Where 67-year-old Roth was enthusiastic and effusive, her 42-year-old party ally showed flashes of steel even at the emotional handover ceremony, at one point using praise of a female royal’s mask to politely reprimand her Nigerian counterpart for the low percentage of women in his government.
Baerbock’s former co-leader Habeck, meanwhile, has been forced to make choices that contradict his party’s championing of renewables as Russia’s war in Ukraine upended decades of German energy policy.
But he has done so with vigour: under his direction the economic ministry has passed 29 new laws within the first 11 months – his predecessors in each of last three electoral terms managed 40-odd in four years.
Habeck has nationalised the energy company Uniper, the country’s largest importer of gas, put the German subsidiaries of Russian companies Rosneft and Gazprom into trusteeships, and managed to fill the country’s gas storage tanks to 100% by the start of winter, in spite of a complete ceasing of deliveries from Russia. If the country can avoid a scenario of gas rationing this winter, it will be in large part due to putting pragmatism above ideological posturing.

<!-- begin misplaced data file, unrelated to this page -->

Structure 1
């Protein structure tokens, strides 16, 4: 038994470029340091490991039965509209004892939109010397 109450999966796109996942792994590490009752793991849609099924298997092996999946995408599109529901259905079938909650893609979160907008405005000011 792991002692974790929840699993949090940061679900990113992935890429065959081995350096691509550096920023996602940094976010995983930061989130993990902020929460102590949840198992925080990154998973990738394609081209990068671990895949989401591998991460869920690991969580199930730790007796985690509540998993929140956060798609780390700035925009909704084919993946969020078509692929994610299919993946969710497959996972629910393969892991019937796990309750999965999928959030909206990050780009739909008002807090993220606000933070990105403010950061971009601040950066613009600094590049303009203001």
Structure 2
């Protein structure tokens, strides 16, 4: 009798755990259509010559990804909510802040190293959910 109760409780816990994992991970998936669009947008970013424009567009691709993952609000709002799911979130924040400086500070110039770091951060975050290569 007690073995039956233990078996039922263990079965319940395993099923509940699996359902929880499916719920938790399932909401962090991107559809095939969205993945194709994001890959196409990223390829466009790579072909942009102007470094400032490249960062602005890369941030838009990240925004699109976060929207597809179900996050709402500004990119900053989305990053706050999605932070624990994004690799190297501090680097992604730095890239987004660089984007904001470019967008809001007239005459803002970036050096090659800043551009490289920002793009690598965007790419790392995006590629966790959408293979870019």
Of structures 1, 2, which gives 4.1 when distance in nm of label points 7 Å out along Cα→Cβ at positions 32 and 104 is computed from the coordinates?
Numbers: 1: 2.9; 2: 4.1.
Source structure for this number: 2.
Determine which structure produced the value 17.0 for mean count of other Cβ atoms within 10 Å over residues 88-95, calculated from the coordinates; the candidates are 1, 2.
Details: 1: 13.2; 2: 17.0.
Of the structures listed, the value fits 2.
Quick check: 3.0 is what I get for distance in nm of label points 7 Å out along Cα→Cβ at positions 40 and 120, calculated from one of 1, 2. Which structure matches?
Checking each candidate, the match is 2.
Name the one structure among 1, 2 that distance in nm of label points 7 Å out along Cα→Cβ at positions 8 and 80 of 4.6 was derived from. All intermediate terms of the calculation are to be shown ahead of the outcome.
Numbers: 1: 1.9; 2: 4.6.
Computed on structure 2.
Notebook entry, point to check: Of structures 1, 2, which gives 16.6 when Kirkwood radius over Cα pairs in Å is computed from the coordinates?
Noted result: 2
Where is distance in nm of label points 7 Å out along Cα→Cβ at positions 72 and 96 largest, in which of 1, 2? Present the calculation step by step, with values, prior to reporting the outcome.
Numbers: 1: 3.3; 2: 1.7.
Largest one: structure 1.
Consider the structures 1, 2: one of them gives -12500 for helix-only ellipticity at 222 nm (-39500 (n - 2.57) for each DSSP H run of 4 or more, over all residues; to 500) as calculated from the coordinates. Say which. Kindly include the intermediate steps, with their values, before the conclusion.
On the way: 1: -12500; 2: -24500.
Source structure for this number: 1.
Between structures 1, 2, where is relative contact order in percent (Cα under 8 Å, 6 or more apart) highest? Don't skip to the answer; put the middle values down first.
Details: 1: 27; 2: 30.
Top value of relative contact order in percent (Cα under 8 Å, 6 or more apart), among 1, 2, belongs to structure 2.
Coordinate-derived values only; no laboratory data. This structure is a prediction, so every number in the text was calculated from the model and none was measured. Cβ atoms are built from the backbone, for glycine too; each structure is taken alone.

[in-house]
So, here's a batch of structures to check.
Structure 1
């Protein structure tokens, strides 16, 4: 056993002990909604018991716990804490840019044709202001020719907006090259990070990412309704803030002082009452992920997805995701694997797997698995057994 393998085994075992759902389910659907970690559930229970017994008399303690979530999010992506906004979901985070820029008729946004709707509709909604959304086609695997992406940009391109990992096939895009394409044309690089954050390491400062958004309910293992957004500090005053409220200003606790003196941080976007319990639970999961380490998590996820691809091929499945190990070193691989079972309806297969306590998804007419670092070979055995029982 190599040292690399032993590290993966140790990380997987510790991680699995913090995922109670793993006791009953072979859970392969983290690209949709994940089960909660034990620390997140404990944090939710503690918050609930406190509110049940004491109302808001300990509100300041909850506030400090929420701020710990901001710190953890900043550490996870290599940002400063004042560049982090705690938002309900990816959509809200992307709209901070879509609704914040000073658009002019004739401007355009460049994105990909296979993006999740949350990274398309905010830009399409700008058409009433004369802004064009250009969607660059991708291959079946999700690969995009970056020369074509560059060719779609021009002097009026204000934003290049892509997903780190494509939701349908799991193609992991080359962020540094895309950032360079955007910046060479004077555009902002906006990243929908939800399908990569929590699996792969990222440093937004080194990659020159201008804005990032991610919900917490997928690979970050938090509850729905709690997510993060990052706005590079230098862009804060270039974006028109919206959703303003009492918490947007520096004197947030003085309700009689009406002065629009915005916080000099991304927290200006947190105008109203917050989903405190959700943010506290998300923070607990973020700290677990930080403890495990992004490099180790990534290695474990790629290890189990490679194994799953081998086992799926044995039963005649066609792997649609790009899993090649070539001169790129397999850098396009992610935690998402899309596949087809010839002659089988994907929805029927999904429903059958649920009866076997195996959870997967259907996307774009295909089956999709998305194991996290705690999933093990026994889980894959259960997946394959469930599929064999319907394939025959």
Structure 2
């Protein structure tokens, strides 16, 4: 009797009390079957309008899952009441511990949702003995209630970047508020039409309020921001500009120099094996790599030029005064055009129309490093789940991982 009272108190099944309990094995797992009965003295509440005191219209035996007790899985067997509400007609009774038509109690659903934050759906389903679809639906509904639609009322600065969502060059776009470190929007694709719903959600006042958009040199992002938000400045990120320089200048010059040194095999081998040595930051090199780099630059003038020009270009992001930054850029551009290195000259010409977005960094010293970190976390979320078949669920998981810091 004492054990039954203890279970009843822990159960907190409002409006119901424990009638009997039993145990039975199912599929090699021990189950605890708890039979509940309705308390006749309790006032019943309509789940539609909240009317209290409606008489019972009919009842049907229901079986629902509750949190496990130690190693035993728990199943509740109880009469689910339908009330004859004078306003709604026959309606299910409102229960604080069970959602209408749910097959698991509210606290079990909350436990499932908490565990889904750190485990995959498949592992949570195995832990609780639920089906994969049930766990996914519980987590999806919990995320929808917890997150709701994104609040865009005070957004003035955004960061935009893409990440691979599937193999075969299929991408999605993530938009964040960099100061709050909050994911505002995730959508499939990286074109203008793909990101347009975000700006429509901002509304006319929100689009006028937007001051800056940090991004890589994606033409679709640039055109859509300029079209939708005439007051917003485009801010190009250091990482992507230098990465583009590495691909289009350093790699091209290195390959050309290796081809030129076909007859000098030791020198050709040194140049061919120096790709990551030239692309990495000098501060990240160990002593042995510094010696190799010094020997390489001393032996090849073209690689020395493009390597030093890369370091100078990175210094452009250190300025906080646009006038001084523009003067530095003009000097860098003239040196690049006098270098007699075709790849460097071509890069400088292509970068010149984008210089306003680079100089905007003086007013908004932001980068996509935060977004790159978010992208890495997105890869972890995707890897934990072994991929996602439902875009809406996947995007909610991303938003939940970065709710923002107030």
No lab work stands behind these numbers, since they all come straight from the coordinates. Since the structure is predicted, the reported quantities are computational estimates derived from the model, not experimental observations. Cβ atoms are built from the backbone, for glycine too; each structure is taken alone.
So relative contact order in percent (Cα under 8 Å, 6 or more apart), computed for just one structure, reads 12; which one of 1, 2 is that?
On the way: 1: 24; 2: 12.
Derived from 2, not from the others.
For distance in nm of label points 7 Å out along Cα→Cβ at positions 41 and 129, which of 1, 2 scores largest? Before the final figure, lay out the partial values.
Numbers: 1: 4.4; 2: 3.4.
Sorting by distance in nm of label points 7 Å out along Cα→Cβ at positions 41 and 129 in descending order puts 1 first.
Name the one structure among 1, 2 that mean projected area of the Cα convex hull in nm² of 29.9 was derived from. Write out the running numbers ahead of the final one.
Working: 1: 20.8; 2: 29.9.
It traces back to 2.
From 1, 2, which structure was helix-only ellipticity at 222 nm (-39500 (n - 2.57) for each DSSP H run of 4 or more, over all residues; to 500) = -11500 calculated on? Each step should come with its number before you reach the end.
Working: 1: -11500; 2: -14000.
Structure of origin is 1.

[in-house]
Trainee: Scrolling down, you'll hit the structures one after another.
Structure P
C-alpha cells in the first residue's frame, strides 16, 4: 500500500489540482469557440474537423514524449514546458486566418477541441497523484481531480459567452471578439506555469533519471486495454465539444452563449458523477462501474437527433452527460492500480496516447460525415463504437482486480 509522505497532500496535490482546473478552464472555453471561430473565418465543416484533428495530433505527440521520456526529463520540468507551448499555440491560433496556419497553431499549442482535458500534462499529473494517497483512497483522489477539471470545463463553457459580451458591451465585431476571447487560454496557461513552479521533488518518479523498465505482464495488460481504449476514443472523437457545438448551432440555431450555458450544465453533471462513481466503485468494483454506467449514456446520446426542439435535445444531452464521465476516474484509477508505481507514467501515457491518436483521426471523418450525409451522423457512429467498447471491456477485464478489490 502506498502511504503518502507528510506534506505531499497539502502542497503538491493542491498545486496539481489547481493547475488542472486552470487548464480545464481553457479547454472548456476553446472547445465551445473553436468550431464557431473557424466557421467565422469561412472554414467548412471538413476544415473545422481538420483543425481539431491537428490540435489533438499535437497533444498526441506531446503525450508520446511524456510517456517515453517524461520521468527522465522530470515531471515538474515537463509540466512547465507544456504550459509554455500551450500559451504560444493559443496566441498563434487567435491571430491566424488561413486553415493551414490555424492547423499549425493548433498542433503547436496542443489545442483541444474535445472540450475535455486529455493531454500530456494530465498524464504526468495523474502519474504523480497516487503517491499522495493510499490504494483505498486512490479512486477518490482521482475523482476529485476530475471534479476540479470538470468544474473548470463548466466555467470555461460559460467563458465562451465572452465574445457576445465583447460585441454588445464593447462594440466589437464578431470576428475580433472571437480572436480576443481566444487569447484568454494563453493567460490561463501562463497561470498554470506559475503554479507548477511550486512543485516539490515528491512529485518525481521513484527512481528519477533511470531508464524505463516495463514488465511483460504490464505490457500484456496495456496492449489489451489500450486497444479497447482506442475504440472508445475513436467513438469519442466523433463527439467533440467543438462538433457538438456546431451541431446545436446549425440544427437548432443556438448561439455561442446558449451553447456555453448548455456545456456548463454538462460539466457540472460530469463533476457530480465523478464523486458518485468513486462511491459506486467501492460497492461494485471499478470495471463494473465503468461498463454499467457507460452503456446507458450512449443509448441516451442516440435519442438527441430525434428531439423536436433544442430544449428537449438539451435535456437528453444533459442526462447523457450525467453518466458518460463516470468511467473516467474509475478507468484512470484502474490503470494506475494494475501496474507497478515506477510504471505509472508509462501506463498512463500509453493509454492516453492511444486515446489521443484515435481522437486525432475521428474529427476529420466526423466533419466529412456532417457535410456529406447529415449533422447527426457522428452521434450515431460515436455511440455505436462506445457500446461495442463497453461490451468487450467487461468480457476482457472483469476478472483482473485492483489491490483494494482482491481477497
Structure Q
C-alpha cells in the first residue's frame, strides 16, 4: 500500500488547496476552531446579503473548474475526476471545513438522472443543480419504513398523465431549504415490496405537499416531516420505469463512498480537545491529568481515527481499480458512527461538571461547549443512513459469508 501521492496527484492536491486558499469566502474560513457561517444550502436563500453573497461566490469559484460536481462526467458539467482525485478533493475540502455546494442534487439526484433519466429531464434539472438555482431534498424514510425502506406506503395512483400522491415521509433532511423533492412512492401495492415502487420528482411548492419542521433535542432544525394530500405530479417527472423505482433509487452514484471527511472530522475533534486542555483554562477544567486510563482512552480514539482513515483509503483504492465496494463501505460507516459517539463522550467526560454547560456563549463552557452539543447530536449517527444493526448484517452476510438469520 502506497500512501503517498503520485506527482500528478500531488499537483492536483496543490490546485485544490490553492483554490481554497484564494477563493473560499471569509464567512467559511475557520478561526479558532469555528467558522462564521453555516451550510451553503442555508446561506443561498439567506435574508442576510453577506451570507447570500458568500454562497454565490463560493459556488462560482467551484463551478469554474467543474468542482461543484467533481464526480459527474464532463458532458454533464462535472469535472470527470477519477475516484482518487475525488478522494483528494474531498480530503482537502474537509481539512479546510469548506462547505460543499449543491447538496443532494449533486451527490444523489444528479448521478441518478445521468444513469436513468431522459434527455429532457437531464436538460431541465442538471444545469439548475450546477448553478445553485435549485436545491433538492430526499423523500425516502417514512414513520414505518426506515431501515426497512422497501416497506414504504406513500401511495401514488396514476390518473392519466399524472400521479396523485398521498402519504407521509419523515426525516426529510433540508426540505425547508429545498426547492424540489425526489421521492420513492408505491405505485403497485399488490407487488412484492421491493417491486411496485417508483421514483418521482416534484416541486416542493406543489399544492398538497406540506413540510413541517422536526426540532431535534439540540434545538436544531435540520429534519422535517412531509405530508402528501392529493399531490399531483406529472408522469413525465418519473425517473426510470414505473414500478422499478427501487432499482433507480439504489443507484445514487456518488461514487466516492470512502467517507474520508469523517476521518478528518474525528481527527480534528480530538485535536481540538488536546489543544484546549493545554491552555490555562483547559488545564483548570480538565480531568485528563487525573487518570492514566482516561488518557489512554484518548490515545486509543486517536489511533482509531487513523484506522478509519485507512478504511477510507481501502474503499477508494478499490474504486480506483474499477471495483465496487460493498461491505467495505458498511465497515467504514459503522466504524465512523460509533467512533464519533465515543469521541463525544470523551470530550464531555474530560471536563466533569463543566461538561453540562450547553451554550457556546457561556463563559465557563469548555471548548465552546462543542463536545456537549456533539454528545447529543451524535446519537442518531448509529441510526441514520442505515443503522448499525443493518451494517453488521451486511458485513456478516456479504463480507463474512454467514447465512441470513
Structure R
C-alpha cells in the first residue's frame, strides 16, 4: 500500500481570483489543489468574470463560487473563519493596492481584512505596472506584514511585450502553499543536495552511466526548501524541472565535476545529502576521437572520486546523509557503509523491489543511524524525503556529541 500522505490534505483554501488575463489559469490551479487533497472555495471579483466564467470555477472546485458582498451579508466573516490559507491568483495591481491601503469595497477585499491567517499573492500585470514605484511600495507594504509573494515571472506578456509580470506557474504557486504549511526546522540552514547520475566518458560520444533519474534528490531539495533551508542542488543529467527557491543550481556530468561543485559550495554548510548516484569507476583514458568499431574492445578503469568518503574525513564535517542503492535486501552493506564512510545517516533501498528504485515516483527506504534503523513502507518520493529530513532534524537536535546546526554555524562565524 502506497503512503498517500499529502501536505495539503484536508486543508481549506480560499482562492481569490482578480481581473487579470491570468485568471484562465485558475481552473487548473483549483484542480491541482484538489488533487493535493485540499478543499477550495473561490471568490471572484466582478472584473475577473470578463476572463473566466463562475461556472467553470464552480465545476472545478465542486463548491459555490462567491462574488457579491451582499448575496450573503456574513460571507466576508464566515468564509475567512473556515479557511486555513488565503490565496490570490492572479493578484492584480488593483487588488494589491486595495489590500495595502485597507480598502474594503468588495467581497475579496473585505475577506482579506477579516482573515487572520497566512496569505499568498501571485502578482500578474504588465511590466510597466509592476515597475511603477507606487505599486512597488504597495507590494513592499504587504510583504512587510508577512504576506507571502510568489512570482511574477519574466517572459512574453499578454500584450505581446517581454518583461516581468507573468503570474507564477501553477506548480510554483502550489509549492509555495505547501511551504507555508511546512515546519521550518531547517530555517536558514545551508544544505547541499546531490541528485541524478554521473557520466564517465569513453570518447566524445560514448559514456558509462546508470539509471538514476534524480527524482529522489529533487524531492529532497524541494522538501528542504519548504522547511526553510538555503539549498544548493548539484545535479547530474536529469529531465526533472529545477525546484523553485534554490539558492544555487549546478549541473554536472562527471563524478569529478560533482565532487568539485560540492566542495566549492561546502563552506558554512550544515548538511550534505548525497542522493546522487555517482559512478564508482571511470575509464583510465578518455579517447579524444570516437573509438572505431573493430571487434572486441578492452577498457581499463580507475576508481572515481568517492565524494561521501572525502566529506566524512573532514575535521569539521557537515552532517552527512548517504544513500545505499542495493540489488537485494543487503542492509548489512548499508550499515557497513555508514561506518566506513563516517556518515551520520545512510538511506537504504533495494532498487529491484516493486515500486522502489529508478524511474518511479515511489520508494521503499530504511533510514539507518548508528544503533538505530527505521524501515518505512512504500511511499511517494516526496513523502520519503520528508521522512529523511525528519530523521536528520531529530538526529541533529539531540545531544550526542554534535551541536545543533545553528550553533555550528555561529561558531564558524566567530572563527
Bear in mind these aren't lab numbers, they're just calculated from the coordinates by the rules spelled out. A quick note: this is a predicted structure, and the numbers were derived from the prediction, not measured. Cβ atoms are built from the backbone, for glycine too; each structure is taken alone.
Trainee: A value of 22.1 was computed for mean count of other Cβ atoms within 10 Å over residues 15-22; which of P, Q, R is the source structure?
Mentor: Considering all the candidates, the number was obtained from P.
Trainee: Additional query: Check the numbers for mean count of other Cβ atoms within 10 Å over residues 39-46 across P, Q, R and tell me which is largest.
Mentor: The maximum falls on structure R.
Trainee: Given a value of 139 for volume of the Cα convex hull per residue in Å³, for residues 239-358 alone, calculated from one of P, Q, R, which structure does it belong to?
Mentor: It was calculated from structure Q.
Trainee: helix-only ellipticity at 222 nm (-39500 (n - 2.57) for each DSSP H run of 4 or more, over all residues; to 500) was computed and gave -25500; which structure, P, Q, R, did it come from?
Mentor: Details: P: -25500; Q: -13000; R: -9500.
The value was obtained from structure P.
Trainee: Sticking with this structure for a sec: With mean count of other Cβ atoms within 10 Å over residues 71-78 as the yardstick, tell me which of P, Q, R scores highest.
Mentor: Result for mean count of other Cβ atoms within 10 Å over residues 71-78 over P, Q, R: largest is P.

“This government inherited a complete shambles and is at least showing the kind of ambition and dynamism in trying to clean up the mess that its predecessors lacked,” said Claudia Kemfert, an energy expert at the German Economic Institute. “It’s making mistakes – but it’s also getting a lot of things right.”
Blaming governments of the past for Germany’s current energy dilemma won’t serve the Greens for the length of a four-year term, however, especially if there is a sense that its own ideological red lines helped create the predicament in the first place.
Confidence in Habeck’s ability to steer the economy clear of trouble took a dent over the autumn, as he U-turned on a series of new policies.
Putting Germany’s three remaining nuclear power stations, due to be phased out by the end of the year, into an “emergency reserve” standby status before announcing two would need to remain on the grid until next April was a cumbersome move, seemingly prioritising procedure over outcome.
Since the Greens’ identity is less tailored to Habeck than the SPD’s to Scholz or the FDP’s to the finance minister, Christian Lindner, the reputation damage was limited. Still, for a moment Die Grünen looked like the party of can’t-do.